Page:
That contemporary central banking operates within this conceptual framework is acknowledged by former Fed Chair Ben S. Bernanke in his new book, 21st Century Monetary Policy: The Federal Reserve from the Great Inflation to COVID-19. “So-called Keynesian economics,” he says, “remains the central paradigm at the Fed and other central banks.” One assumption of this model is that a small group of people, equipped with all the forecasting and management tools developed in the Keynesian revolution’s wake, can and should use monetary policy to smooth the business cycle’s ups and downs. But what if this assumption leads central bankers to overestimate what they can know and therefore do?
That question isn’t addressed in the book. This is a shame because the great strength of Bernanke’s text is that it is written by someone deeply versed in economic history and monetary theory who was also the world’s most important central banker between 2006 and 2014. That rare combination of scholar, theoretician, and practitioner allows Bernanke to provide insight into how monetary policy is shaped not only by the demands of the moment but also by ideas.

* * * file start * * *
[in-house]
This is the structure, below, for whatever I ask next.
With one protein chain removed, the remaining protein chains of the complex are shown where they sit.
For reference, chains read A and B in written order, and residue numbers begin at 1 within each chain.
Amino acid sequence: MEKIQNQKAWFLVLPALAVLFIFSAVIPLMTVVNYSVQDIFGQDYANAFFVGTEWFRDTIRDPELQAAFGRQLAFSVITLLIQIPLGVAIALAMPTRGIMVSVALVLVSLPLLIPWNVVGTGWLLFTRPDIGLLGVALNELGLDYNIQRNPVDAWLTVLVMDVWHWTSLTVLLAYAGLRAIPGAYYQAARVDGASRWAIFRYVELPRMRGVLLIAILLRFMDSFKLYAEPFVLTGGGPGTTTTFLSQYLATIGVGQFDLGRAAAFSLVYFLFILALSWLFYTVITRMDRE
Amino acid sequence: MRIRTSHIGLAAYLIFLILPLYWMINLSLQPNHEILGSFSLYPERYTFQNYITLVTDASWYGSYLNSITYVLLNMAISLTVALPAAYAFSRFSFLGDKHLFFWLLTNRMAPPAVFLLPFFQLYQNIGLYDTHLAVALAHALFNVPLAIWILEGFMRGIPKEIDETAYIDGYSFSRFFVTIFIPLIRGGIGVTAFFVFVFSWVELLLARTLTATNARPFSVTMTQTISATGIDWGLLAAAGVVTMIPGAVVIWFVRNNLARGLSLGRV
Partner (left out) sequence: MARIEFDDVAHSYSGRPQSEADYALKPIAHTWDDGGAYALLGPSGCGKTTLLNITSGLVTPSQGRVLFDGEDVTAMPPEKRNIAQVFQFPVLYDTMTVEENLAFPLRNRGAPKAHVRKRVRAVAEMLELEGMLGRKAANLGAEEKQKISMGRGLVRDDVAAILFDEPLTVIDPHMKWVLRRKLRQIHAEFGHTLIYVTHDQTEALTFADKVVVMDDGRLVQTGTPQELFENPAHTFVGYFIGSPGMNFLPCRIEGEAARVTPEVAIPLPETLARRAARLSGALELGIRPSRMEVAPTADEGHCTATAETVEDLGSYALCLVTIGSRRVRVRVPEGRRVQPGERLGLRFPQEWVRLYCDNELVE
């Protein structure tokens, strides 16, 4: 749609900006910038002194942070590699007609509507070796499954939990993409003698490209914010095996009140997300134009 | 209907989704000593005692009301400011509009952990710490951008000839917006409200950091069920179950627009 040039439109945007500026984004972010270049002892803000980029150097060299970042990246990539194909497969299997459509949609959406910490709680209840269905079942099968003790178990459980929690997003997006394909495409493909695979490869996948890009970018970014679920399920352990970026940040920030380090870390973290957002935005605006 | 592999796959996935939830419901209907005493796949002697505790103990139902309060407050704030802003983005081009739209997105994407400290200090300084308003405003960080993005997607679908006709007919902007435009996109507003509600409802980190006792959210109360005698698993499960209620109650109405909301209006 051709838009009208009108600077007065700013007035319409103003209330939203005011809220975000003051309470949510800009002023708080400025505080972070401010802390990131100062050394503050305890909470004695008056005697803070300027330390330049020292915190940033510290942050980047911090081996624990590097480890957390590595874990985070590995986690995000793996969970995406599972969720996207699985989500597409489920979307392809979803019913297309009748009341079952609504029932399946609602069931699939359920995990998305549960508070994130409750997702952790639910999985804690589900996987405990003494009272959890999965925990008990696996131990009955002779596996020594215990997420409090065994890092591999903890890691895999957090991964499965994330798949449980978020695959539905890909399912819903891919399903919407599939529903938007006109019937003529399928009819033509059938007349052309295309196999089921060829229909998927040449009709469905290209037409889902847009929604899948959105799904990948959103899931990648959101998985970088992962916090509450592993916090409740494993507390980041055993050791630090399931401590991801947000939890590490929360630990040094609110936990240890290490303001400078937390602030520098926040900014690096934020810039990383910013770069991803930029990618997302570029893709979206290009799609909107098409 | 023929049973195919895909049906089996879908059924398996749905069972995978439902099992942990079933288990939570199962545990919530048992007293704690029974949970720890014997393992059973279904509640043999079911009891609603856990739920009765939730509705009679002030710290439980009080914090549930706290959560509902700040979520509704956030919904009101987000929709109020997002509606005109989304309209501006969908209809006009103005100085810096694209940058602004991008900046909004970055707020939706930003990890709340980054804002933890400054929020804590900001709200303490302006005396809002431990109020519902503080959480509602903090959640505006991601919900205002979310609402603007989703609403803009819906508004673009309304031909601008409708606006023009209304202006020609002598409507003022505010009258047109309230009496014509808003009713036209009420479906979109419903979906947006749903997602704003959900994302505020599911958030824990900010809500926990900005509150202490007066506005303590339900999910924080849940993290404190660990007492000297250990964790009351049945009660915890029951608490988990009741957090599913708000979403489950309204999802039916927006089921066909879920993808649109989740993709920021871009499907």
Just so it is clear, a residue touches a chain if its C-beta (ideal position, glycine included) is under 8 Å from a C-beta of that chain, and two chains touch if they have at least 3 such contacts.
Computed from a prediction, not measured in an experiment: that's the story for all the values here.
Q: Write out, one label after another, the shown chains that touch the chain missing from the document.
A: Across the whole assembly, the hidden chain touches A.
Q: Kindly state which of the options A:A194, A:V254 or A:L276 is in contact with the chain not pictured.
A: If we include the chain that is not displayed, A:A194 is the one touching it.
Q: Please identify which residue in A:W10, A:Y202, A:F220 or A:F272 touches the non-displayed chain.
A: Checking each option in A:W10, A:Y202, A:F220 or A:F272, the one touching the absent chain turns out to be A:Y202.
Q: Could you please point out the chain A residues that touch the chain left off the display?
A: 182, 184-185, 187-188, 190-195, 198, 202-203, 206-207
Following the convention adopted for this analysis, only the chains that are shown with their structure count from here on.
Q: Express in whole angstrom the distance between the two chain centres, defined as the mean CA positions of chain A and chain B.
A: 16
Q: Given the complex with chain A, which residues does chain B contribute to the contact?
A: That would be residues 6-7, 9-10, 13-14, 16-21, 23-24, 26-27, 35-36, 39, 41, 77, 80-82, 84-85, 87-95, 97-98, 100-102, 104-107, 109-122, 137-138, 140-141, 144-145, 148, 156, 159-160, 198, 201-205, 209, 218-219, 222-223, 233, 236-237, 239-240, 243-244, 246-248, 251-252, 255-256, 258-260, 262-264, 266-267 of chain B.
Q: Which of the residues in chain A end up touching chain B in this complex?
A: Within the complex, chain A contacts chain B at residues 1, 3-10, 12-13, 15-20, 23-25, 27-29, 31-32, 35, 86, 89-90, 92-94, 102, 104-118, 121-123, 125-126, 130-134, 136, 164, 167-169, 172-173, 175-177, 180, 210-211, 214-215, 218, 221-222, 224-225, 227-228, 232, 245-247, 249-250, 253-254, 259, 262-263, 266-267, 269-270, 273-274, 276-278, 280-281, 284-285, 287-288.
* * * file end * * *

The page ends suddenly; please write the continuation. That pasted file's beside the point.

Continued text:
Today’s gold standard (forgive the pun) for the history of the Fed remains Allan H. Meltzer’s three-volume History of the Federal Reserve. The final volume ends with Meltzer remarking that while “The Volcker and Greenspan eras restored independence . . . Chairman Bernanke has acted frequently as a financing arm of the Treasury.”
That’s not how Bernanke sees it. His account of the Fed’s post-1970s journey begins with Richard Nixon’s appointment of Arthur F. Burns as Fed Chair in 1969. Much of Bernanke’s subsequent tale is presented from the standpoint of successive Fed Chairs. He illustrates how their strengths and weaknesses shaped their tenure, and the manner in which intellectual commitment to particular points of monetary theory impacted their leadership. But politics also emerges as very much part of the picture. Bernanke confirms, for instance, the assessment of Meltzer and the economic historian Amity Shlaes that Burns proved very susceptible to political pressures from presidents. By contrast, Paul A. Volcker was far more resistant. “Consistency and persistence,” Bernanke writes, “became Volcker’s hallmarks.” Character, it turns out, matters for central bankers.